Pre Frenzy Week 1: Your Idea in Micro and Macro

So you’ve come up with an exciting idea for this year’s ScriptFrenzy. Your screenplay/stageplay/teleplay is dramatic, thought-provoking, and most of all entertaining. That’s great! I want to hear all about it.

In ten seconds or less. How about in ten words or less?

We call this the premise, and it can come in many forms, but being able to state your main conflict in one simple sentence will help keep your thoughts focused as you continue to flesh out the details of your story. “The premise should be the driving force behind every event in your screenplay. A good premise is derived from emotions–love, hate, fear, jealousy, desire, etc.–and revolves around a character, a conflict and a conclusion” (http://www.fathom.com/course/21701762/session1.html).

Here are some different types of premises you might have already encountered.

1. What If?:  Basically, you want to know what will happen given a certain situation: What would happen if a shark swam into a beach resort and devoured a vacationer? JAWS.

2. The Logline: Look no further than your local TV listings: Molly Ringwald is an underpriviledged Cinderella choosing between two prom princes: a charming preppy (Andrew McCarthy) and a disarming buddy (Jon Cryer).

3. When, Then: If you follow this format, you can’t lose: When Dr. Emmet Brown, enjoying a peaceable existence in 1885, is about to be killed by Buford “Mad Dog” Tannen, then Marty McFly must travel back in time to save his friend. BACK TO THE FUTURE III

4. Or you might just rely on a general concept: Shakespeare’s The Taming of the Shrew set in a modern day high school. TEN THINGS I HATE ABOUT YOU

No matter which type of premise you choose to get your point across, there a few things to keep in mind. You’ll want to have some idea who the main character and the antagonist are, what their conflict is, what change will result from the conflict, and why the main character needs to take action.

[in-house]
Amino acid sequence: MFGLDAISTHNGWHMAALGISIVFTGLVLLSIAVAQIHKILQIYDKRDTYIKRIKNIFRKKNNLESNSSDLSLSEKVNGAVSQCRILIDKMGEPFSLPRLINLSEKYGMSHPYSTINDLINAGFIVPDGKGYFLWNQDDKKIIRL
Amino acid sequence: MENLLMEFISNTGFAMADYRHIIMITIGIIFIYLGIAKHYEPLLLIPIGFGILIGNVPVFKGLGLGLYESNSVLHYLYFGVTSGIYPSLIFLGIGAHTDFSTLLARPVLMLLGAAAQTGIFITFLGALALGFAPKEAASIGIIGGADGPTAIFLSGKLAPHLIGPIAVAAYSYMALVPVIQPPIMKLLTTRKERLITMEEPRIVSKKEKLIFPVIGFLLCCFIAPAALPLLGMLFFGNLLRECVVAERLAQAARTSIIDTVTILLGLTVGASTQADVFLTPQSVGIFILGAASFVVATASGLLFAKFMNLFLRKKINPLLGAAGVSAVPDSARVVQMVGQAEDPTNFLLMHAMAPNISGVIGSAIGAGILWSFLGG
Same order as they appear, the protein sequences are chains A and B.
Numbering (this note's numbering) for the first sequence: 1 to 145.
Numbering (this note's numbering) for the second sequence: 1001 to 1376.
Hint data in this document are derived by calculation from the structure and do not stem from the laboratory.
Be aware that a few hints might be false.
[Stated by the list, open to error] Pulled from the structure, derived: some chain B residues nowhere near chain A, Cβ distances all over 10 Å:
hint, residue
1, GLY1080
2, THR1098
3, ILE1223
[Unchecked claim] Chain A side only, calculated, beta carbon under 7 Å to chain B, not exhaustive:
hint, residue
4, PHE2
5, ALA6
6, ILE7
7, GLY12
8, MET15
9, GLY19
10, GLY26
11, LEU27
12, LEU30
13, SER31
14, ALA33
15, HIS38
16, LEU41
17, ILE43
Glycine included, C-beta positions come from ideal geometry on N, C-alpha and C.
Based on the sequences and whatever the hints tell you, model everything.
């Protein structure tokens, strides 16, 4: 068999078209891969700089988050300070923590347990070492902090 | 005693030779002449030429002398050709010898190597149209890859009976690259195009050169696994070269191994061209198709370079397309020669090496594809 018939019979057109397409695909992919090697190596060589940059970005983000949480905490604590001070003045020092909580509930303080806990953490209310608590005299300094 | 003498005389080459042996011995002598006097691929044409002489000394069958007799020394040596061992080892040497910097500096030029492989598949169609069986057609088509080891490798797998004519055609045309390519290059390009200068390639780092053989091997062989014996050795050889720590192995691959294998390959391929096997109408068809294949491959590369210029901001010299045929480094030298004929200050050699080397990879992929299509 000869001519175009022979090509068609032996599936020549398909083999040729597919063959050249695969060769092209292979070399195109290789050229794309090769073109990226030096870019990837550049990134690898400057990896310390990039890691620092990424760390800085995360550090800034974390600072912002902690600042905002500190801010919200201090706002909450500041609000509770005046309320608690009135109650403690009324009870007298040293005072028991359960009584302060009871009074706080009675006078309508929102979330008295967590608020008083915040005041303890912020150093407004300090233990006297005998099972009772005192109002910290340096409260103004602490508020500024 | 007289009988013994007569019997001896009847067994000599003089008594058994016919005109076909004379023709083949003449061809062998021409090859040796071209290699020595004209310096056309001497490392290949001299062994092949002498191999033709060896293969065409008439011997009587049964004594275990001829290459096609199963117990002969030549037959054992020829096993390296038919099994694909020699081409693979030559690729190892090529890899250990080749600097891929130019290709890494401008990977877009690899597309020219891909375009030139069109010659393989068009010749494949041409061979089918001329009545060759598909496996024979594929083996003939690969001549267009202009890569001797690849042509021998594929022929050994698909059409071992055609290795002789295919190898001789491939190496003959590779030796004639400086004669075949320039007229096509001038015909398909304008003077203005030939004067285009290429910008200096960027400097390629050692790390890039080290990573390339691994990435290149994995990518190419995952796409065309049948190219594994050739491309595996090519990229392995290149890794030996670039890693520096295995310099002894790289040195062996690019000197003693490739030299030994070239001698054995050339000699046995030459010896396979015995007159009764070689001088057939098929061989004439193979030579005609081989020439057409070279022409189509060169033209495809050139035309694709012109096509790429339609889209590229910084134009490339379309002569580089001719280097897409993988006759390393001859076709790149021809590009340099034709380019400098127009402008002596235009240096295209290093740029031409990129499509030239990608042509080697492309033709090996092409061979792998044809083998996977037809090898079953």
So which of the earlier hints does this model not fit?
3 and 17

Sometimes writers don’t find their premise until after they’ve fully explored their characters and plotlines. The best way to accomplish this is to write a treatment of your screenplay. Treatments are written in present tense in a narrative form and is a moment-by-moment outline of each scene that includes information on setting, characters, subtext, subplots, and inner motivations. Treatments can be anywhere from one to 100 pages or more. It all depends on how in depth you want to get. Using the treatment as a pre-writing exercise allows your thoughts to roam unchecked. By the time you’ve finished, you may find your idea is more solid or it might have changed completely. Regardless, you’ll be more organized and focused when it comes to writing scenes.

Exercise One: Write a premise for your script idea in one sentence.

Just so you know I’m really doing this too, here’s mine: While on a quest to find her estranged sister, a Night Elf assassin uncovers a conspiracy that could bring down the entire Alliance faction, thus discovering the real reason behind their father’s execution.

Exercise Two: Write a treatment, or an expanded outline, for your script idea covering all the major and minor characters and plots. Include scenes and bits of dialogue as they reveal themselves.

Next week, we’ll discuss character and characterization.

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